'Nun' too pleased with 'The Conjuring' franchise

"The Nun" is the fifth movie in "The Conjuring" franchise—and the worst. This installment traces the origins of the demonic nun from "The Conjuring 2" back to the abbey she came from, where a young nun recently committed suicide. Within the haunted abbey, a priest and a postulate investigate the death.

From this point in the movie, the plot is less clear. It is obvious from the beginning a malevolent force is in the abbey. This force later takes the form of a dark, demonic nun who the priest and novitiate exorcise.                  

The nun herself is a horrifying figure with a gravelly voice and a face hidden by dark dress, but the lore behind the abbey and the nun was lacking. There was little backstory given to the origin of the abbey, but it was clear the nearby community was aware of its evils.

This left me longing for a clearer history about the abbey and the nearby community, which was an opportunity missed by the filmmakers to raise the level of suspense.

A saving grace for this movie was the incredible soundtrack that did more to set the tone and create suspense than the story itself. Several times, the only suspense in the scene came from the haunting, classical music. Thankfully, the dark, gothic-style abbey, with a surrounding forest and graveyard were chilling enough to make up for the lack of information about the location.

The environment could not, however, make up for the lack of character development. The brief introductions to the main characters left me feeling ambivalent toward them. Because of the lack of investment in the characters, I was not scared for their lives, or hardly at all for that matter.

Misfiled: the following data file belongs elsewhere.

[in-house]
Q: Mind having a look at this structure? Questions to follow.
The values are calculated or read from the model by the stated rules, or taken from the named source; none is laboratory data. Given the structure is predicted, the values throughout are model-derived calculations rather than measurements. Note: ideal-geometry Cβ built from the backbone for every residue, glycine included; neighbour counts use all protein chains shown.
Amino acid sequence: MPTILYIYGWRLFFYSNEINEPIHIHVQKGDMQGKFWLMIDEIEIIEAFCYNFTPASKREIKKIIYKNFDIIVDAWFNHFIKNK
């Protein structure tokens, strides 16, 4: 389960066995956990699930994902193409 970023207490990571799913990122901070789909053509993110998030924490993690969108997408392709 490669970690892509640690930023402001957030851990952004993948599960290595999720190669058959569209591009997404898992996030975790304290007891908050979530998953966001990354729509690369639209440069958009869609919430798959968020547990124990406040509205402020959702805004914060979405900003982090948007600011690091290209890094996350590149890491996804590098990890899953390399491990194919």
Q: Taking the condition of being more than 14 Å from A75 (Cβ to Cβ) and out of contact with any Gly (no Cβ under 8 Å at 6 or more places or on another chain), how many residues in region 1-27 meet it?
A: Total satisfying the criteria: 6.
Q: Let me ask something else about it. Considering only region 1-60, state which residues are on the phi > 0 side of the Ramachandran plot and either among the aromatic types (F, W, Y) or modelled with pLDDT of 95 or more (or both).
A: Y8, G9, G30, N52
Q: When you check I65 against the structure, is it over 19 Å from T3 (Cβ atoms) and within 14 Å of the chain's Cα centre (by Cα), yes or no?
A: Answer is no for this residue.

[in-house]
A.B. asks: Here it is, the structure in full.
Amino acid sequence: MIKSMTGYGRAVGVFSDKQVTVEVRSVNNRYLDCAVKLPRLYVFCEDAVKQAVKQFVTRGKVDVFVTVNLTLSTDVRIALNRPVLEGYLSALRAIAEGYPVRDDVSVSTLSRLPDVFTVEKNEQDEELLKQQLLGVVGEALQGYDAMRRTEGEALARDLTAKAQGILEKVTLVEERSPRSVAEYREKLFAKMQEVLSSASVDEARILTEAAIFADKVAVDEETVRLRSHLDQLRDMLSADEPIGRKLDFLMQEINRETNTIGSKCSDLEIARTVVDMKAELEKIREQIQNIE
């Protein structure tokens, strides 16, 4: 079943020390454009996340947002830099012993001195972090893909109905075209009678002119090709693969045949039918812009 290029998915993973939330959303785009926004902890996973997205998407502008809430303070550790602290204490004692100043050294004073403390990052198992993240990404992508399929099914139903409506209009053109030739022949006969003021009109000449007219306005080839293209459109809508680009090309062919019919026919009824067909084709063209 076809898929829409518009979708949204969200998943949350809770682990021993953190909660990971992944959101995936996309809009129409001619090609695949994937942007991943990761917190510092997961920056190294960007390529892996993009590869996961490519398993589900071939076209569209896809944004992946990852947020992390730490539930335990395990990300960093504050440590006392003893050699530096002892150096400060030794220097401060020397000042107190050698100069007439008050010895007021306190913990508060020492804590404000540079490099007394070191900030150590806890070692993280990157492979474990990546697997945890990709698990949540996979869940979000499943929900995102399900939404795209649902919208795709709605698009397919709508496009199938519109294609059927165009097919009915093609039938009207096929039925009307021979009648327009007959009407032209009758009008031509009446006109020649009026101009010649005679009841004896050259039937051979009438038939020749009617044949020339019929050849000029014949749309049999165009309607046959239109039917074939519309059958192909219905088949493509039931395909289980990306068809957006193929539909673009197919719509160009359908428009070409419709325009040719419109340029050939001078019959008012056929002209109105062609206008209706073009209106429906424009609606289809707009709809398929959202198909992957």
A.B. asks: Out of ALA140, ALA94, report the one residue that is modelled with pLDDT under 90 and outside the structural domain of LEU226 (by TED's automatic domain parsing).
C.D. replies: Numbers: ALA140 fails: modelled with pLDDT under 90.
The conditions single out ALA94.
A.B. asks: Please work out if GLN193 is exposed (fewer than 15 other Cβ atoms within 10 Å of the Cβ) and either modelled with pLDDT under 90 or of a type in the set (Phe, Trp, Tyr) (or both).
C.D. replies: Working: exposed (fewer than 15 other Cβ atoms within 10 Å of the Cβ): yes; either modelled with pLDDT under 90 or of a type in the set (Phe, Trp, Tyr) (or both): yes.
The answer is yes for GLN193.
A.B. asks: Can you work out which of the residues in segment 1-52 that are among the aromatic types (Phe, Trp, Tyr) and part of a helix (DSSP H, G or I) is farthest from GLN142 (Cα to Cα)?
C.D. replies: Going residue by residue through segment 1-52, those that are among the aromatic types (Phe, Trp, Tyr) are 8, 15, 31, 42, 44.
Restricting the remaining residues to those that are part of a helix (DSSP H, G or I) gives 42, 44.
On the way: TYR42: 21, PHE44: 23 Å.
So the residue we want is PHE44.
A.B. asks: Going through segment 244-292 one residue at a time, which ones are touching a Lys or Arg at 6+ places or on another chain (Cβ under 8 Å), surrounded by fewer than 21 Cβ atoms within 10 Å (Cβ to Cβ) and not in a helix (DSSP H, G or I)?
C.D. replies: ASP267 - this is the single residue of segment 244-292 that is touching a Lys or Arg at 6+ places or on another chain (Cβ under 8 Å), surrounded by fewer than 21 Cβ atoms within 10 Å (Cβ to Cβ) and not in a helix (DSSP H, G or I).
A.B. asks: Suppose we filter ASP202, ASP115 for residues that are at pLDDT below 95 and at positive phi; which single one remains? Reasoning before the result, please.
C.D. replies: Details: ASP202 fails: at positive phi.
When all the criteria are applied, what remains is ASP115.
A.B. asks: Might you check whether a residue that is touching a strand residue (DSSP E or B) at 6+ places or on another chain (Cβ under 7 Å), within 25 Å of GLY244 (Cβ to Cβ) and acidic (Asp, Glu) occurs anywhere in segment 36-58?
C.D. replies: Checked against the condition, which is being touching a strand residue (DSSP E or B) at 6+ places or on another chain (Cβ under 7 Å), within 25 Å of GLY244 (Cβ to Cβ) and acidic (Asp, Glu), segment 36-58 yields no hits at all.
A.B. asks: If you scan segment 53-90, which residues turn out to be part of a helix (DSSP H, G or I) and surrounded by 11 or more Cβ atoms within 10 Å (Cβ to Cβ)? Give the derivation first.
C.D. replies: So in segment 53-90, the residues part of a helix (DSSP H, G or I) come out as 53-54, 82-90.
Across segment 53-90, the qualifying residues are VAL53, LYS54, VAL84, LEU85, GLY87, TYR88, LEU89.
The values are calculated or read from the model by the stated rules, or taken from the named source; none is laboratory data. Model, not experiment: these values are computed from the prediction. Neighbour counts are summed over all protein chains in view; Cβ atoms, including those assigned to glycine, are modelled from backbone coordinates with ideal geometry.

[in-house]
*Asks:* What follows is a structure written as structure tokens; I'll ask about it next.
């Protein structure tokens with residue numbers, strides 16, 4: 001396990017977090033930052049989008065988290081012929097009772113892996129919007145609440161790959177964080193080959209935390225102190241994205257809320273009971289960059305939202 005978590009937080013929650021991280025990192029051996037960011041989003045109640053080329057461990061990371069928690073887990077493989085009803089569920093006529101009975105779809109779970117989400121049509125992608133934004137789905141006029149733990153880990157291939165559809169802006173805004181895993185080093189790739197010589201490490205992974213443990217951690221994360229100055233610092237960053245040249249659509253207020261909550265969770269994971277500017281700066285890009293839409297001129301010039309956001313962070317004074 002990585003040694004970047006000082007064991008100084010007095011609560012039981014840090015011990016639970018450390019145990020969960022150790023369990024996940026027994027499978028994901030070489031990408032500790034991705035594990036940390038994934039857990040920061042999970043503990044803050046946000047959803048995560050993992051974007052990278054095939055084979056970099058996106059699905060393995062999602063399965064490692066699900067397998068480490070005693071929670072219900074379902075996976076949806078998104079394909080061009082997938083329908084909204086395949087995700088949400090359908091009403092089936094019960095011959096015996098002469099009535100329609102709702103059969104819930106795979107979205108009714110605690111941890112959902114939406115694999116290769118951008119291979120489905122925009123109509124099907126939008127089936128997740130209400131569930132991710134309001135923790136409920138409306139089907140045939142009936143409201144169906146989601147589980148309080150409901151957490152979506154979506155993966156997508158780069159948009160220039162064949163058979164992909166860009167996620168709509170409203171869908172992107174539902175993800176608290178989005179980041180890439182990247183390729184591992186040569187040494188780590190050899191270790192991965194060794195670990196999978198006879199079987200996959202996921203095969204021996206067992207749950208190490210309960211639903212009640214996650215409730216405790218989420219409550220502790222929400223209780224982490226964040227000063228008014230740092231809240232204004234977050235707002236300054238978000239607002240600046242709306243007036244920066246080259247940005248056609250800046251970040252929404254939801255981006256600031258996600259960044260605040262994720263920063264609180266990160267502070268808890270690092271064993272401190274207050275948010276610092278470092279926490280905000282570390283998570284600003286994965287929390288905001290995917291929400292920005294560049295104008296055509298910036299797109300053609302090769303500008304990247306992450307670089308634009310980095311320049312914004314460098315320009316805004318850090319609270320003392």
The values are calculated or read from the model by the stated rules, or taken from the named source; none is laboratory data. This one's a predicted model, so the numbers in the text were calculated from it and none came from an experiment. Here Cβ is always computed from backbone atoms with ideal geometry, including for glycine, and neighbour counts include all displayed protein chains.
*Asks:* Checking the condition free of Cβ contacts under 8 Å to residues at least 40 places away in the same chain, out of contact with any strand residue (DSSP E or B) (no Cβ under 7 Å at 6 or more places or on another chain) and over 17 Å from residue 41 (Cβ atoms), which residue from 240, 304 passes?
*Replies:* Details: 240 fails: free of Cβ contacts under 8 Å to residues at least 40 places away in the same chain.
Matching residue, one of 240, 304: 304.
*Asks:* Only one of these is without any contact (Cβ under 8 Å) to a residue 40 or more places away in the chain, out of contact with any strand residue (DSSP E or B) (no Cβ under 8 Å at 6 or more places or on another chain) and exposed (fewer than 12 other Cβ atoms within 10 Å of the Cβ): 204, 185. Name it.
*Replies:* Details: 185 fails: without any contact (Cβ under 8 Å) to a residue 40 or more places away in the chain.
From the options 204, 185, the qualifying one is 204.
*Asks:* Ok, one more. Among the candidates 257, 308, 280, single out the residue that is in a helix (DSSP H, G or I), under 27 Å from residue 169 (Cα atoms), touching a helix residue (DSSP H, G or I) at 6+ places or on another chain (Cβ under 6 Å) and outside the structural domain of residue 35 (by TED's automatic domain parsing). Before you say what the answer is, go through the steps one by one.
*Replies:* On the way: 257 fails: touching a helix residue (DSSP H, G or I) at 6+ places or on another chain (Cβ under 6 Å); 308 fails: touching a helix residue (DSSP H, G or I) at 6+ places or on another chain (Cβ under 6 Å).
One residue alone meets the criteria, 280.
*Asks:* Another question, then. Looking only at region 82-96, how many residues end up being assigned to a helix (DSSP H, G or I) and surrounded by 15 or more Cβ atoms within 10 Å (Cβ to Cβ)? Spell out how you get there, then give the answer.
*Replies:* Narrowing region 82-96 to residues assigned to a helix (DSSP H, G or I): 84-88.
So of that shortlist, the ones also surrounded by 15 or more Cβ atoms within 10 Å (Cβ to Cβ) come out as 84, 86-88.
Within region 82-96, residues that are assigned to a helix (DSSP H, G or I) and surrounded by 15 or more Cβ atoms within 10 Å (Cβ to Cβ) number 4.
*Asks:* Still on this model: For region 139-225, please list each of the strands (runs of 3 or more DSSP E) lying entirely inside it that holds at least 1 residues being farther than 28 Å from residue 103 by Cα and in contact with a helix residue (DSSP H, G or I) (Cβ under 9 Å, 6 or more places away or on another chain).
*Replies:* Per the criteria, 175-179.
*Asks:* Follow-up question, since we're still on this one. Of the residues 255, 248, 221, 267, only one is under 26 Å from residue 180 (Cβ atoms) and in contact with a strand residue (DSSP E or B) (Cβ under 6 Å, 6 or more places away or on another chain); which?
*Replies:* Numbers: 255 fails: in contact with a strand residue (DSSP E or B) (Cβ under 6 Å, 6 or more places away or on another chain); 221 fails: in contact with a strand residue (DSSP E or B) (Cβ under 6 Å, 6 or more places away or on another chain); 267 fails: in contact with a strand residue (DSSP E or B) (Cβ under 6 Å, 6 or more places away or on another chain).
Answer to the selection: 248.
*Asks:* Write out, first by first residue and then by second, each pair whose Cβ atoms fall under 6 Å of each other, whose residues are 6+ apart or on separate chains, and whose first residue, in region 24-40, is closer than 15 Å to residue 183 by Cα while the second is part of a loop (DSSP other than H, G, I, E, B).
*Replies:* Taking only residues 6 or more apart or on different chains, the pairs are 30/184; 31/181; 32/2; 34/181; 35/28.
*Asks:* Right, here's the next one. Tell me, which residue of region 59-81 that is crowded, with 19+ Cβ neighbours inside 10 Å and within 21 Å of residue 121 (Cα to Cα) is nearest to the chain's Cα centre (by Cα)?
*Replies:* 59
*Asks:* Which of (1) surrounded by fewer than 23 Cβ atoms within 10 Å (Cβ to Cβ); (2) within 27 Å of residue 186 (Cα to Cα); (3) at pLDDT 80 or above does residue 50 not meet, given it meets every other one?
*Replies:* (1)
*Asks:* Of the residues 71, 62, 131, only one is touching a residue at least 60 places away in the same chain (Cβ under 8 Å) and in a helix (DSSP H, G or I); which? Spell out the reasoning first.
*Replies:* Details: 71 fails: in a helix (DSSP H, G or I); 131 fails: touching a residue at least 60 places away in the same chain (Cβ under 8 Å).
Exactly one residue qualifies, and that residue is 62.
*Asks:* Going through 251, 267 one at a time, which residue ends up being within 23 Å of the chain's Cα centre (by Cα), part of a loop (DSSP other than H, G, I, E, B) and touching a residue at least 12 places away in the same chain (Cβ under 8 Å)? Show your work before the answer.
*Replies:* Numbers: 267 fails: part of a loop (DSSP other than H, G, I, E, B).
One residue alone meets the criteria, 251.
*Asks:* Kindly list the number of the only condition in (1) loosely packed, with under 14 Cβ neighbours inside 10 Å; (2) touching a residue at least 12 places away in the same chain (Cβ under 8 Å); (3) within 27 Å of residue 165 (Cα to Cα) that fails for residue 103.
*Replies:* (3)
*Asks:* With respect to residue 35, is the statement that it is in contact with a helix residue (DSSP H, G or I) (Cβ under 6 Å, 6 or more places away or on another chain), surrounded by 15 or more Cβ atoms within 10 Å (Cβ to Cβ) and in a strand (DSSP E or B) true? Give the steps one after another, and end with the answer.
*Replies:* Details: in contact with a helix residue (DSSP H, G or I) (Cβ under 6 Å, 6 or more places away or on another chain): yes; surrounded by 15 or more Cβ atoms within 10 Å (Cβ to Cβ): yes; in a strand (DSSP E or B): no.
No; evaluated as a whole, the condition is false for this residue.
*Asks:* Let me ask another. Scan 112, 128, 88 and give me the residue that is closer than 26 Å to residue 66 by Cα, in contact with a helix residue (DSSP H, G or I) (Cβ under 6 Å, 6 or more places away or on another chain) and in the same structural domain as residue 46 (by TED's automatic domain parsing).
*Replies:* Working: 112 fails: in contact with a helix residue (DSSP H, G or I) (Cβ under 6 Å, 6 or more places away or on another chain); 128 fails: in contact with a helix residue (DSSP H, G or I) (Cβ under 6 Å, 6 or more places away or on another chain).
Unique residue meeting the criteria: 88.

Because of the blatant disregard for a solid story line and characters, the film relied heavily on gore, creepy costumes and cheap jump scares. The priest and novitiate nun seemed extremely naïve and ignorant as they pieced together the Abbey’s history and were dragged down a dark hall of horror clichés.

Around each corner was another distant shadow, hand reaching through the darkness or a loud bang, all of which become monotonous after the first half of the film.

I left the theatre feeling underwhelmed and like I must have missed an important part of the movie, though I watched it through the credits. The film, especially as a part of "The Conjuring" franchise, was an overall disappointing experience. Sloppy spinoffs like "The Nun" are degrading to "The Conjuring" franchise, which seems to be lazily cashing in on their previous successes.

While the premise of the movie was promising, it was poorly executed. The atmosphere, actors, jump scares, suspenseful soundtrack and horrifying nun were all there.

Unfortunately, the plot and character development were nearly "nun"-existent. If you simply enjoy horror movies, do not mind clichés and like jump scares, it is worth watching once. However, if you are looking for a horror movie with depth, I do not recommend "The Nun."

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